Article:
“It was two years ago. I’m tired of the guilt. I’m married again. Ron is there for me. He doesn’t get lost in self-pity.”

“You abandoned your husband.”

Jenny, who is that on the phone? I heard in the background. She didn’t respond.

“You abandoned me long before. Jesus Christ. You ever going to come down from that cross?”

“Is that Sam? You tell him—”

“Don’t call anymore,” Jenny said. “If you need help, get a shrink or a canary, someone who will listen to you and not need you to listen back.”

“Wait. Before you go. Please.”

She huffed, hesitated.

“What Sam?”

“How much does Ron charge? I want to sue the apartment because they won’t fix the stairs. Maybe you could wrangle me a discount?”

The connection died. I clapped the cell phone shut.

I threw on my blazer. I was going to drive out there and talk to her, see her. I was going to tell her about my nightmare, the same one repeating over and over like spinning hands on a clock. I couldn’t do it over the phone. I had to see her, and maybe she’d touch me. I could sometimes see Billy in her face, especially in the cheeks.

I shut the door then hesitated at the steps. I inhaled, jumped over the twelfth at the top, then fled to the door. Damn. My keys. I’d left it on the boxes in the bedroom.

I took to the stairs, prepared myself at the eleventh to leap, but my legs wouldn’t respond to my brain’s commands. The wood had been replaced by a vat of cement, sucking my feet in and hardening fast. I stood there, staring at number twelve. It rose up like a Kilimanjaro, blocking me from getting to my apartment.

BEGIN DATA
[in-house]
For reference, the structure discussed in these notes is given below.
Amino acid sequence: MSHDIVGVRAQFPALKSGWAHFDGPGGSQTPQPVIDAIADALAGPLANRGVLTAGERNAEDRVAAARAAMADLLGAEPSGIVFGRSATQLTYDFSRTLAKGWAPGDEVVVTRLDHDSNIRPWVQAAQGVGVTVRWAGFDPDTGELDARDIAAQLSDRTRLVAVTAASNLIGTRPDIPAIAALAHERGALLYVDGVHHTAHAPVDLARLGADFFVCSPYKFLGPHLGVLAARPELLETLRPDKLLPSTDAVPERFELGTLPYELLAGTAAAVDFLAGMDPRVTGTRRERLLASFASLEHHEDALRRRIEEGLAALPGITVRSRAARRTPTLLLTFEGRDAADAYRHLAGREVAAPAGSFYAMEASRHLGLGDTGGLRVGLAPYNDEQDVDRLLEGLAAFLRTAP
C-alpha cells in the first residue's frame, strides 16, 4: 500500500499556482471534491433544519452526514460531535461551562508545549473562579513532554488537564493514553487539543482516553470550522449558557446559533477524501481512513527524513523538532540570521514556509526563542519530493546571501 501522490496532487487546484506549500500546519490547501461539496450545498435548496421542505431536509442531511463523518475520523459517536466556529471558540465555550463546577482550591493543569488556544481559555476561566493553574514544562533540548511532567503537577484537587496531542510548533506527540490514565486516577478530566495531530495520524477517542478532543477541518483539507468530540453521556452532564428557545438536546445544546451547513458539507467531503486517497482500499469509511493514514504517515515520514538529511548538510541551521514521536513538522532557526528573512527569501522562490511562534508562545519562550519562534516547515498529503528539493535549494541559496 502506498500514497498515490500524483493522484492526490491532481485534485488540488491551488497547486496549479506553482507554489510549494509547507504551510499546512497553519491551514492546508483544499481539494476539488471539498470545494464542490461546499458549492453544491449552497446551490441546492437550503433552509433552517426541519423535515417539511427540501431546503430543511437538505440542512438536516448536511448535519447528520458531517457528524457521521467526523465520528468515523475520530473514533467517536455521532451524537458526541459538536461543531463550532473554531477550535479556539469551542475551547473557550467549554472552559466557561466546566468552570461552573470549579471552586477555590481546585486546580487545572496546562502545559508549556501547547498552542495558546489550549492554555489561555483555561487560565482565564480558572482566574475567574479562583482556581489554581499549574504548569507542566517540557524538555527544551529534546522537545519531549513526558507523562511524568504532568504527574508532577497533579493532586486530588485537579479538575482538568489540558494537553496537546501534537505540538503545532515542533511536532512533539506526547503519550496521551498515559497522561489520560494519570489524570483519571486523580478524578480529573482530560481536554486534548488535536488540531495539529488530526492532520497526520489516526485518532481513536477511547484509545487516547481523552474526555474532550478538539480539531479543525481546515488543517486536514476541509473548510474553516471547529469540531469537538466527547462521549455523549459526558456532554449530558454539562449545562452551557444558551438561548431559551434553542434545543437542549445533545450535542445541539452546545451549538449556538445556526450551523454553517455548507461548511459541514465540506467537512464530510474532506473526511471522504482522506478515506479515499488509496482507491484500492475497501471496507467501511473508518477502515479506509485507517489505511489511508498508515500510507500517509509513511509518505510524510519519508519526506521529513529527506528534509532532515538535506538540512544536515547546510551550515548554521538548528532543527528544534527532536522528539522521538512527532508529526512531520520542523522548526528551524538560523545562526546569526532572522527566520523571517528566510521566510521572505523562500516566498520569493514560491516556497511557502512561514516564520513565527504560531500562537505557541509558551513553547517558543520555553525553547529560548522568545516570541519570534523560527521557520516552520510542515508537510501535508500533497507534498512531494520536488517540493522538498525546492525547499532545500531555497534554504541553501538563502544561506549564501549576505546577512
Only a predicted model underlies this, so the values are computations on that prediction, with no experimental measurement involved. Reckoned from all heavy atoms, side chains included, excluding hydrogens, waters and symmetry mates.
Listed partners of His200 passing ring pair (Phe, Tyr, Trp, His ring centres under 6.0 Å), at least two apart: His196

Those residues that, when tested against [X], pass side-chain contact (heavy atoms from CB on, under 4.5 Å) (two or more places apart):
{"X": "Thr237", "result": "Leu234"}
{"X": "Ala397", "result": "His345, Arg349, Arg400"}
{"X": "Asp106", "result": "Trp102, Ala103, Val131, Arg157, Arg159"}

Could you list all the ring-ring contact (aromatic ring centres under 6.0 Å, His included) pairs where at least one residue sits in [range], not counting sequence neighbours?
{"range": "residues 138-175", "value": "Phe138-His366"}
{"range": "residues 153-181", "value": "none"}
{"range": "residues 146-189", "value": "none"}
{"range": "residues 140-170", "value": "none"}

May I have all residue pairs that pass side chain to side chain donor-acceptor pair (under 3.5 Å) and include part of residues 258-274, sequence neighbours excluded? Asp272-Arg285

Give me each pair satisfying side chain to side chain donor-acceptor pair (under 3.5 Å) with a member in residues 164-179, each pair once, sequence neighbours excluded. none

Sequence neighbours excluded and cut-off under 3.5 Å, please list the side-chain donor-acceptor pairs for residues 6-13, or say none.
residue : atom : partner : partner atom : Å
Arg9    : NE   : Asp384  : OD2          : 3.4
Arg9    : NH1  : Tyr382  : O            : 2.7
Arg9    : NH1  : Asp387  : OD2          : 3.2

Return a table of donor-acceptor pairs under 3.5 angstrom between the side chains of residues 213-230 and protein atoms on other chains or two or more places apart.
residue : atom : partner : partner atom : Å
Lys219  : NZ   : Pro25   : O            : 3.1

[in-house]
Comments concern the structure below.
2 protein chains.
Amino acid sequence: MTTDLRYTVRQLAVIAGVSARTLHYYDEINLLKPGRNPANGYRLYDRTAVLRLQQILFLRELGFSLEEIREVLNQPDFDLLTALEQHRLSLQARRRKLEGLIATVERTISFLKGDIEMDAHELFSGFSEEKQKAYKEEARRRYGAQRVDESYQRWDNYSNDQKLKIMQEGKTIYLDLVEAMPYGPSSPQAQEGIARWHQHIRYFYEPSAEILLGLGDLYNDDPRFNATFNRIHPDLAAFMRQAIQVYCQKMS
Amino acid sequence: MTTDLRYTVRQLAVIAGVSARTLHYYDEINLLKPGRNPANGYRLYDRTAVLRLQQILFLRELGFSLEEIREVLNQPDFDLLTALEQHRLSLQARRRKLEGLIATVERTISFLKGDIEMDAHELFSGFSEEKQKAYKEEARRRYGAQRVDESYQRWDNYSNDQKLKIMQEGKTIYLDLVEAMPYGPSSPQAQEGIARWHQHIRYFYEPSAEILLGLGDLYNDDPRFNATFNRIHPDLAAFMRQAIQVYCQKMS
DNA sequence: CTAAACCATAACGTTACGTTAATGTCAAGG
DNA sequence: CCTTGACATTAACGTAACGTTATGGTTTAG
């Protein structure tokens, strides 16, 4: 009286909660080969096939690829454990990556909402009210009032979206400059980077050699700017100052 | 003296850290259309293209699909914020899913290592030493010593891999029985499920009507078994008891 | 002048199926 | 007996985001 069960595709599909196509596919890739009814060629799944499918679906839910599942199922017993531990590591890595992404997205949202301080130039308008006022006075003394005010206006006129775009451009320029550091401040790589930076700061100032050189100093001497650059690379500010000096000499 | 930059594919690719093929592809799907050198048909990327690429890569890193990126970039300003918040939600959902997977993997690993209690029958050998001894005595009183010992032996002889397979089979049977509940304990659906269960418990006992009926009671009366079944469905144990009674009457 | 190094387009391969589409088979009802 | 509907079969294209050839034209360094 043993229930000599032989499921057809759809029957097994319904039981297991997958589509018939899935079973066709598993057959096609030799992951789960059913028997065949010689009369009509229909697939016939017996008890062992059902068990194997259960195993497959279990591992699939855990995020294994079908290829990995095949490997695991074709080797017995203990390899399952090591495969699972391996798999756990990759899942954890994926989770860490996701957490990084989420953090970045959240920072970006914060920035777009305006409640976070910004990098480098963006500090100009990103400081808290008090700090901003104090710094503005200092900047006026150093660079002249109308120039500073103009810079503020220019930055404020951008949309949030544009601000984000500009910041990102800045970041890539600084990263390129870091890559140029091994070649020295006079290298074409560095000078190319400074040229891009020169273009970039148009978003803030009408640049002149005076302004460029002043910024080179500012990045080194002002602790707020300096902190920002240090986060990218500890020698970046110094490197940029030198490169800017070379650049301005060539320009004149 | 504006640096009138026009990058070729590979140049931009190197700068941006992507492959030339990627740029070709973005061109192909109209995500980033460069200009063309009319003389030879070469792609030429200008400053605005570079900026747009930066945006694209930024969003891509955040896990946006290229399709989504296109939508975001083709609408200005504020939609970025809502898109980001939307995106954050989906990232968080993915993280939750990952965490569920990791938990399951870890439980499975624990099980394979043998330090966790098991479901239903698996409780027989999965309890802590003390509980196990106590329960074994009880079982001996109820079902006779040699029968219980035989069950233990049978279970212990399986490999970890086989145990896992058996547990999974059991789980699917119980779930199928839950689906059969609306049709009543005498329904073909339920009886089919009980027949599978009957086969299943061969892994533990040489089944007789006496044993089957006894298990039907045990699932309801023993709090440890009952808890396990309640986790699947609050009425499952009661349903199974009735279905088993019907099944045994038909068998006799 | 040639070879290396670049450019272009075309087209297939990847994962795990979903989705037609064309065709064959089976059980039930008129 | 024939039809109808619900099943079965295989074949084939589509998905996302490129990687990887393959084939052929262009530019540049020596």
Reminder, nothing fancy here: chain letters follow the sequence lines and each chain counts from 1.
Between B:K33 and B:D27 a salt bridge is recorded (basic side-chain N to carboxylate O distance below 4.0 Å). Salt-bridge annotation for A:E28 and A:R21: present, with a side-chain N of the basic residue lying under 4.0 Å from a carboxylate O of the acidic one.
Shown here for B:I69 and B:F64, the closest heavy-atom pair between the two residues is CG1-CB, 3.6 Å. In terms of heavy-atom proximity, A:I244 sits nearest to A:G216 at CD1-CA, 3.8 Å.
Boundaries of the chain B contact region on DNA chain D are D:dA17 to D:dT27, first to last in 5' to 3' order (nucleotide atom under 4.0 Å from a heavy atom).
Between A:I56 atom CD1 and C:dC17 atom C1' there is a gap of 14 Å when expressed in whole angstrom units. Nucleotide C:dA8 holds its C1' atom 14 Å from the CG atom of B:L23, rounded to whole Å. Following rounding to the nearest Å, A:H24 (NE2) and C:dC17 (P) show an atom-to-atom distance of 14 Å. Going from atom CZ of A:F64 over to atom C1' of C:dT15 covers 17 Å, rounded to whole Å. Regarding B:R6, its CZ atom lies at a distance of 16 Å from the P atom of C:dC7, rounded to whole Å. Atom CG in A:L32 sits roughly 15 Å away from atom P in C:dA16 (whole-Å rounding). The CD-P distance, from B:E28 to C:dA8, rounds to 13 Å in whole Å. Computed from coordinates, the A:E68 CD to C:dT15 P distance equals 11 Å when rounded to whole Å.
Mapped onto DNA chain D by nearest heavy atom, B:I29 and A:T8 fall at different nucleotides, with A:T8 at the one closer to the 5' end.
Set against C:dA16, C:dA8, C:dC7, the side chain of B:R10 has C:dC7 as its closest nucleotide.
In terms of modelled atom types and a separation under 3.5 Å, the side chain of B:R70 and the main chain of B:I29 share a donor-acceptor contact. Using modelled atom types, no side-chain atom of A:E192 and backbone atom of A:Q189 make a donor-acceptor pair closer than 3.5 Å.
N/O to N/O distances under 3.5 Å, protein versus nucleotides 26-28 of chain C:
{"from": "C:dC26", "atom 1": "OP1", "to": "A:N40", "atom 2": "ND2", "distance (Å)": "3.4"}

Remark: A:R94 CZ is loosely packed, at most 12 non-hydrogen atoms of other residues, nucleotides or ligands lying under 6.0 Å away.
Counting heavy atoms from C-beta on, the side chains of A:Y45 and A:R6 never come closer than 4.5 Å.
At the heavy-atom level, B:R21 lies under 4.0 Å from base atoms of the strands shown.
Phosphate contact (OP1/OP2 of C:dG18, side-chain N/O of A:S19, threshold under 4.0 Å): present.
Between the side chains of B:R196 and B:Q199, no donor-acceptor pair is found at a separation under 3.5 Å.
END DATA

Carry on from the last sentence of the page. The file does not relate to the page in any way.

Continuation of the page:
Waiting. Trapped in the vice.

Maybe Jenny would regret yelling, take a flight east, come and take my hand and lead me home. She’d tell me how her womb ached still for Billy, that her life was severed when his tiny clockwork body stilled from the cancer in his blood. It had been our blood that soured. We gave it to him, damned him to a brief life. I blamed her for at least half of it.

I sat on the eleventh step, leaning against the wall. The briny, putrid odor of a neighbor’s cooking brought on nausea, and I covered my nose, mouth with the black sleeve of my blazer. I sat there till the windows in the front door dimmed, a black curtain falling on the hall. My eyes closed. In only moments of sleep, the dream cycled through my head.

It played thrice until a voice reached in, pulling me from the nightmare.

“Sam? Not peachy keen?”

Meredith kneeled at the top of the staircase. I couldn’t reach her passed the chasm of step twelve. The black hole waited to suck me down and crush me. I figured it out just then. It wasn’t the step. There was something here unseen, lost in the veil beyond the eye, a geometric point like a singularity. I had found that pit in the world where all things collect when they are lost: house keys, important paperwork, that favorite toy, the memory of the face of your mother before she died. The hole of lost things began here at the twelfth step. I could reach in and pull out all misplaced and stolen matter and energy since the dawn of time. It floated off the ground, constantly expanding. The next person to step on the stair would crack the wood and fall in, and people lost could never be found.

Was that where Billy had gone?